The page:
As examples, for years we all saw Harvey Weinstein smiling at Hollywood awards ceremonies.  Underneath the veneer, he was engaging in some pretty horrific conduct, because Hollywood  chose to have its collective head in the sand.  Suddenly times have changed: The New York Attorney General has filed a civil lawsuit against Harvey Weinstein and the Weinstein Company alleging that Mr. Weinstein sexually harassed and abused women and employees for years.  It is alleged that the company’s executives and Board of Directors were aware of what was going on and failed to stop it.   The once super-powerful company has filed for bankruptcy.  Further, rape and related criminal charges against Mr. Weinstein are being considered in both Los Angeles and New York.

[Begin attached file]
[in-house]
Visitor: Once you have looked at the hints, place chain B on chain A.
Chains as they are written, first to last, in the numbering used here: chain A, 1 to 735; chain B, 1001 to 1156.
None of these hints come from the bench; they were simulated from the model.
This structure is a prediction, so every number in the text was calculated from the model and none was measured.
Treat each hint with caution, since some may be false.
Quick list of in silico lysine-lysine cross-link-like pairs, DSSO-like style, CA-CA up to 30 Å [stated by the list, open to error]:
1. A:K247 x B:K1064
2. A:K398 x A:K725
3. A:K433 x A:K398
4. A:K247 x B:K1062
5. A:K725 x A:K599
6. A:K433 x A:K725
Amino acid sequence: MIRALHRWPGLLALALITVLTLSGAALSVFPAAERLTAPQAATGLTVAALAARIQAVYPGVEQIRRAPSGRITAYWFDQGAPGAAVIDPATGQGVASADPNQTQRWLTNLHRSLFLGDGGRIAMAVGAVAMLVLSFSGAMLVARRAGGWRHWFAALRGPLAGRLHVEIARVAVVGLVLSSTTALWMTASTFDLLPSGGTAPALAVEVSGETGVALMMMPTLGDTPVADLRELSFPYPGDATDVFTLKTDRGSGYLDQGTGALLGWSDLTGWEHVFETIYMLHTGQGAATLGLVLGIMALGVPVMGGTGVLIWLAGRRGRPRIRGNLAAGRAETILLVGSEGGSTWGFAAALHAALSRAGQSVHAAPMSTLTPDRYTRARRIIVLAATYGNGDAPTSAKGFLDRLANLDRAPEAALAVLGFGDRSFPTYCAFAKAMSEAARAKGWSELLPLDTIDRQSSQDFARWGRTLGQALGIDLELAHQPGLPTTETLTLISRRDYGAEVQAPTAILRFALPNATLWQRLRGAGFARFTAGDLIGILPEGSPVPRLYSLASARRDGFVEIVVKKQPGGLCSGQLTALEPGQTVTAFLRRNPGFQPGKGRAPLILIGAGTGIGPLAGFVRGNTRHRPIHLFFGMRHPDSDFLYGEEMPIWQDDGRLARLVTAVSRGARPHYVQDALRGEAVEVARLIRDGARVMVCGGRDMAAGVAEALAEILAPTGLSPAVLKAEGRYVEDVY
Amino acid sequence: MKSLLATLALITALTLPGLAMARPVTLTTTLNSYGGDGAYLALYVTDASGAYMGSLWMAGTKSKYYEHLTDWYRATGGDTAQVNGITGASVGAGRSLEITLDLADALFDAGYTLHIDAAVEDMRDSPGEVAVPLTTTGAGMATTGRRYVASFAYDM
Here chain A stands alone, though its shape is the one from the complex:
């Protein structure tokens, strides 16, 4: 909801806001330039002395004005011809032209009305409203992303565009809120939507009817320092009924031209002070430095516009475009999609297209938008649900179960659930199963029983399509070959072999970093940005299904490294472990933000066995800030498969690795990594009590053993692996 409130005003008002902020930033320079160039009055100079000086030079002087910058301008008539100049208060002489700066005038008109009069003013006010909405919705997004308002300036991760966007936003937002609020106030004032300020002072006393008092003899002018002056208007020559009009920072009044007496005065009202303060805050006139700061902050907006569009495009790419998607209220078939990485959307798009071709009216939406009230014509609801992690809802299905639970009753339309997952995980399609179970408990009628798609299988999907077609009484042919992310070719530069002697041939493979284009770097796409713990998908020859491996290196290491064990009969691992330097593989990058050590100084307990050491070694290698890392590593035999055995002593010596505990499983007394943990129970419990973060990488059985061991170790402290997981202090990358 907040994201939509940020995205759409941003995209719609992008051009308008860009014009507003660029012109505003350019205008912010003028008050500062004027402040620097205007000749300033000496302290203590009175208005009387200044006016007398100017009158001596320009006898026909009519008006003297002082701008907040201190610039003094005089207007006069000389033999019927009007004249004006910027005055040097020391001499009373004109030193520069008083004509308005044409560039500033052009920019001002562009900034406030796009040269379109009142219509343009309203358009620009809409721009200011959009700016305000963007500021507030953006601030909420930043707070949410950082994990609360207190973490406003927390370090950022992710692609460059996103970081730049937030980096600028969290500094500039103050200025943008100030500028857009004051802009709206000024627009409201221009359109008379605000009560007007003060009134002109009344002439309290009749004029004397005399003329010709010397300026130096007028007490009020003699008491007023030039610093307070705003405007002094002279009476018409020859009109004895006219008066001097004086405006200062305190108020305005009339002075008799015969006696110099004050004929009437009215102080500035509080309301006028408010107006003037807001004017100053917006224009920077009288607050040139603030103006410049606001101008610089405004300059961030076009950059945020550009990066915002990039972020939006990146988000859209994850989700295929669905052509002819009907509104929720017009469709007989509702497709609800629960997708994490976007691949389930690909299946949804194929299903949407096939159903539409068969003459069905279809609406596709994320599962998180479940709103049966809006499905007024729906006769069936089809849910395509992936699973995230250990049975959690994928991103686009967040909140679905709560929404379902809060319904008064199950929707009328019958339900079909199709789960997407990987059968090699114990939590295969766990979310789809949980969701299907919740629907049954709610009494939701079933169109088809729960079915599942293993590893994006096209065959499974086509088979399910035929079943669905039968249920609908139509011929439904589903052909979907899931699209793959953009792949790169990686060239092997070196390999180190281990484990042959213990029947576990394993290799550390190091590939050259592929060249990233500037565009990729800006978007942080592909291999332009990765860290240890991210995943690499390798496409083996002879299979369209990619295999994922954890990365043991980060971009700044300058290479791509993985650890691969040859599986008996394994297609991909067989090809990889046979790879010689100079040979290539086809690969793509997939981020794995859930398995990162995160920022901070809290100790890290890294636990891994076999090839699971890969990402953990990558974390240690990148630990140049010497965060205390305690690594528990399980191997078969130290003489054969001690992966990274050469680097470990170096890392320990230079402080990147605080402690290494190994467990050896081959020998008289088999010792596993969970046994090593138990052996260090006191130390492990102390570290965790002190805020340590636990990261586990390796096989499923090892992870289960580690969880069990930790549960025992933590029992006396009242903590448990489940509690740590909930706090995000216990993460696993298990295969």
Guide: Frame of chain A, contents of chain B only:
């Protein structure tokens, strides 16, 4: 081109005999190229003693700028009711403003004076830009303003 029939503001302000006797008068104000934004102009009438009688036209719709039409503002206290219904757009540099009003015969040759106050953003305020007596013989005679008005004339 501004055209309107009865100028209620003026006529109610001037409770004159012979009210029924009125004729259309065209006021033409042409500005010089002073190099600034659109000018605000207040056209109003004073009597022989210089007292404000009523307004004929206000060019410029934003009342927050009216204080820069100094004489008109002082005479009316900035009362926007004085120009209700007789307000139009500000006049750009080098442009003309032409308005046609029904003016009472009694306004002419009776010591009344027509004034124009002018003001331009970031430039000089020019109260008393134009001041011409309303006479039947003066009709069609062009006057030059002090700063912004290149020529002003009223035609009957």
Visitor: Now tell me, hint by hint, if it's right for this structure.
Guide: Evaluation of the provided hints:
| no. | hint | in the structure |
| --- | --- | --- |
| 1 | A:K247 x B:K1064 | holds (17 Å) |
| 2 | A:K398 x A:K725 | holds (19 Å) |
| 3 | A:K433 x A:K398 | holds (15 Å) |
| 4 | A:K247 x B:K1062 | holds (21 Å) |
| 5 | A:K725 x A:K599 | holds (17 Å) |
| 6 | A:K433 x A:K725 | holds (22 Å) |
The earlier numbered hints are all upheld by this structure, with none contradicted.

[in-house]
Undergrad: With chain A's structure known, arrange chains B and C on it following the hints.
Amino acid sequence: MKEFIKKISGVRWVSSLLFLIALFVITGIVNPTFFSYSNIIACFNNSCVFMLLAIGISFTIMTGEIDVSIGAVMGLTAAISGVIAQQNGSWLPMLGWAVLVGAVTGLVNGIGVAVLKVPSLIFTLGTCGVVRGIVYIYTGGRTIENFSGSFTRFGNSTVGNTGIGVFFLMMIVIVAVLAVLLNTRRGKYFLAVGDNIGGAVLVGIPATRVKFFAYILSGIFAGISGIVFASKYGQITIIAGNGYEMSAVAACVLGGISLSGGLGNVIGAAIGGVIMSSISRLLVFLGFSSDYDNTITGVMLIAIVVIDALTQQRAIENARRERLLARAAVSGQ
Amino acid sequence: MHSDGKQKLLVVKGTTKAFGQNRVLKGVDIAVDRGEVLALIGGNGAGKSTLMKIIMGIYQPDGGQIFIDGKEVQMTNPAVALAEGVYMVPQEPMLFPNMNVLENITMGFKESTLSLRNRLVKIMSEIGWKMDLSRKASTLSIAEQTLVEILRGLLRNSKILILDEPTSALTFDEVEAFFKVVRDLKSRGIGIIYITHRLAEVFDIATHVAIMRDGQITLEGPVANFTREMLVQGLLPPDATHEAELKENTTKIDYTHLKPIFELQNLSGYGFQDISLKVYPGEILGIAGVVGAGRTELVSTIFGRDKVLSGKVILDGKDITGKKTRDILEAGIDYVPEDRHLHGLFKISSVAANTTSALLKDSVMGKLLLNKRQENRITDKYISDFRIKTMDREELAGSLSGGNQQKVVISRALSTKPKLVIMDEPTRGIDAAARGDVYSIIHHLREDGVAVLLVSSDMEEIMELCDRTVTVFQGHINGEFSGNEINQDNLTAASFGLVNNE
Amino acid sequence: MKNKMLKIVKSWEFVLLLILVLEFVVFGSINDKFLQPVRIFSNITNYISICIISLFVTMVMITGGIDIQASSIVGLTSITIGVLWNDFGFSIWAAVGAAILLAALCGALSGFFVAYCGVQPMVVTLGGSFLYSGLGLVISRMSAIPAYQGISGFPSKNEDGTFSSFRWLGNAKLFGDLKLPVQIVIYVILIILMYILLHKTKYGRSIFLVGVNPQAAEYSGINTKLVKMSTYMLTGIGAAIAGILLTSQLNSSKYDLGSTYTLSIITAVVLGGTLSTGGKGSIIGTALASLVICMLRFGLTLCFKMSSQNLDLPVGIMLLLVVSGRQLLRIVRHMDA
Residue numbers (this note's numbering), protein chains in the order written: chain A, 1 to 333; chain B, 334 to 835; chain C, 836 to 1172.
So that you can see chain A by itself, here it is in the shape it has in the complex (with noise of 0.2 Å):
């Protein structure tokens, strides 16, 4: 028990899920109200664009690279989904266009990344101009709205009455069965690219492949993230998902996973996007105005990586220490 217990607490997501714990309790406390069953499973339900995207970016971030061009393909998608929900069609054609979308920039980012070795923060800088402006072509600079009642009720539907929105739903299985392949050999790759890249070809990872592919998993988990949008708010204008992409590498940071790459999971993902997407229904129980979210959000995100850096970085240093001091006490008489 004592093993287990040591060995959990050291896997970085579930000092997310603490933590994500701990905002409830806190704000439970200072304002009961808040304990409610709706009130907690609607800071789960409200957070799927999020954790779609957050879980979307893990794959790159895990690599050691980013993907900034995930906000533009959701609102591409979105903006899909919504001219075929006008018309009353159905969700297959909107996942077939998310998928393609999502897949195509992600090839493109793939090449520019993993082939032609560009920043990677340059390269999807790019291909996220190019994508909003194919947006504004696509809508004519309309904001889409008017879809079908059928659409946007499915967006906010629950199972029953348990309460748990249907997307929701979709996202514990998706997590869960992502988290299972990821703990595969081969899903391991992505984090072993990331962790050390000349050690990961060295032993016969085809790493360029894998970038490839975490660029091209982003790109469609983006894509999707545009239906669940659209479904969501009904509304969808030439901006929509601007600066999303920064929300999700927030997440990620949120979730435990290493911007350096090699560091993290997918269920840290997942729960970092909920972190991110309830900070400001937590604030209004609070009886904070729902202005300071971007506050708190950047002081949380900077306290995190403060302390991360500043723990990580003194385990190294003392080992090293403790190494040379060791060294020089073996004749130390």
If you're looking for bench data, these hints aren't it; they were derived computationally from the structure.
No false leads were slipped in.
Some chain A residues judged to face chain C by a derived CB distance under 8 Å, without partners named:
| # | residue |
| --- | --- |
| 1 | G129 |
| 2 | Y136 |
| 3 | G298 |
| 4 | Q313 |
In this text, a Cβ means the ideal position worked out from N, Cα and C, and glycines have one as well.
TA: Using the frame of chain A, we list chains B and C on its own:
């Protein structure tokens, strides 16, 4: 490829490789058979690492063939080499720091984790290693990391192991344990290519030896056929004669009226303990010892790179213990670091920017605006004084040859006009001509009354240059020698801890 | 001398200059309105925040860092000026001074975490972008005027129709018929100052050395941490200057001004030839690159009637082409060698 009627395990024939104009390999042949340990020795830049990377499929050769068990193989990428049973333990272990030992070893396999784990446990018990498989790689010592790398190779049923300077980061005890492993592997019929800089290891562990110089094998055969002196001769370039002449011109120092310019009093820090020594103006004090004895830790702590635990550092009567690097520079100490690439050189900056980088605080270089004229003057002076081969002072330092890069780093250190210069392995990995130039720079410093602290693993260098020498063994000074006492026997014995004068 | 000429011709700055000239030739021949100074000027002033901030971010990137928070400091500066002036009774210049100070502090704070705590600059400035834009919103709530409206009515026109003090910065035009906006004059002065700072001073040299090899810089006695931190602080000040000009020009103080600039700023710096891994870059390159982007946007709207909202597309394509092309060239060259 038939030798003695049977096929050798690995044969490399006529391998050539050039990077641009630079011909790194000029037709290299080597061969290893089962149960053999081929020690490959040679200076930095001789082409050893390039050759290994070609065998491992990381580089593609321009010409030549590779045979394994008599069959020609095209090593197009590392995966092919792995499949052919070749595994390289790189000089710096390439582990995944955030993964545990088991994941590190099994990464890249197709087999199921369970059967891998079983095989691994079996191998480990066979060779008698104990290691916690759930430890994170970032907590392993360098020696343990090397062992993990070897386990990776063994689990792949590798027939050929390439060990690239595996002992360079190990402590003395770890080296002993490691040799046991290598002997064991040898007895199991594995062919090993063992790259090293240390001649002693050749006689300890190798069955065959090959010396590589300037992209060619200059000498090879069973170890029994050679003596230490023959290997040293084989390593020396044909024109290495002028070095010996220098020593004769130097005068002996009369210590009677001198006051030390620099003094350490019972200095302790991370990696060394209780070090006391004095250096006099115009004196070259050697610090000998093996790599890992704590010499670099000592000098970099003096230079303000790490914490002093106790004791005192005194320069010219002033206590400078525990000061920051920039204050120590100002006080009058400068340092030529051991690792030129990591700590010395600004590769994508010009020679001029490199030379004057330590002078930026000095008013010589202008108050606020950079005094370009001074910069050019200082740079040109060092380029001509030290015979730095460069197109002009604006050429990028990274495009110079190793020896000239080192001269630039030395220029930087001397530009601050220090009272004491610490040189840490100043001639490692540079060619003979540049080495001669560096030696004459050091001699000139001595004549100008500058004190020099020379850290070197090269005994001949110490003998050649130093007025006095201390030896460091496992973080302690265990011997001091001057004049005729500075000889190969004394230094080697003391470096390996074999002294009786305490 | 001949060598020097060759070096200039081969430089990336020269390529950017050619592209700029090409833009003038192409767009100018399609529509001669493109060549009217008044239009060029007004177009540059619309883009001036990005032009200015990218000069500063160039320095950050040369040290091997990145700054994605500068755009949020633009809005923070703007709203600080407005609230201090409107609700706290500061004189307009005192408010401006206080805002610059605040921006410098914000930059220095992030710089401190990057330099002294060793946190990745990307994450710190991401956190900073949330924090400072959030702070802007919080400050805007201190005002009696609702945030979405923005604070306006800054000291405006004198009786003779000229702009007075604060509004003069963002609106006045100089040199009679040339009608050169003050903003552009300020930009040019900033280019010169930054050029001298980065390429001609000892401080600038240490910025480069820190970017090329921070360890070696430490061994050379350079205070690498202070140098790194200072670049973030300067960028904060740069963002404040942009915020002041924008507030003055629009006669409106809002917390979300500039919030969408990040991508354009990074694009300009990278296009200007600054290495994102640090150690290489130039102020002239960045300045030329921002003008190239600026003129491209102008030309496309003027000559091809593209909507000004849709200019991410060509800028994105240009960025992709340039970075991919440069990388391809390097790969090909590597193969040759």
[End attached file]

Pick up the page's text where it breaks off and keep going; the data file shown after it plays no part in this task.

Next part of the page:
More locally, Representative Elizabeth Esty is feeling the brunt of this cultural shift.  Her former Chief of Staff, Tony Baker had been involved in what began as a consensual affair with a female staffer in representative Esty’s office.  The relationship went sour and Mr. Baker was accused of sexually abusing, physically striking and repeatedly threatening the staffer.  It became apparent that Representative Esty failed to take any action against Mr. Baker for three months following the incidents and supported him in various ways after terminating his employment.  Following the political and public outcry that arose when this history became public, Representative Esty announced that she will not seek re-election this fall.  It’s particularly ironic that she has always been identified as a strong supporter of women’s rights.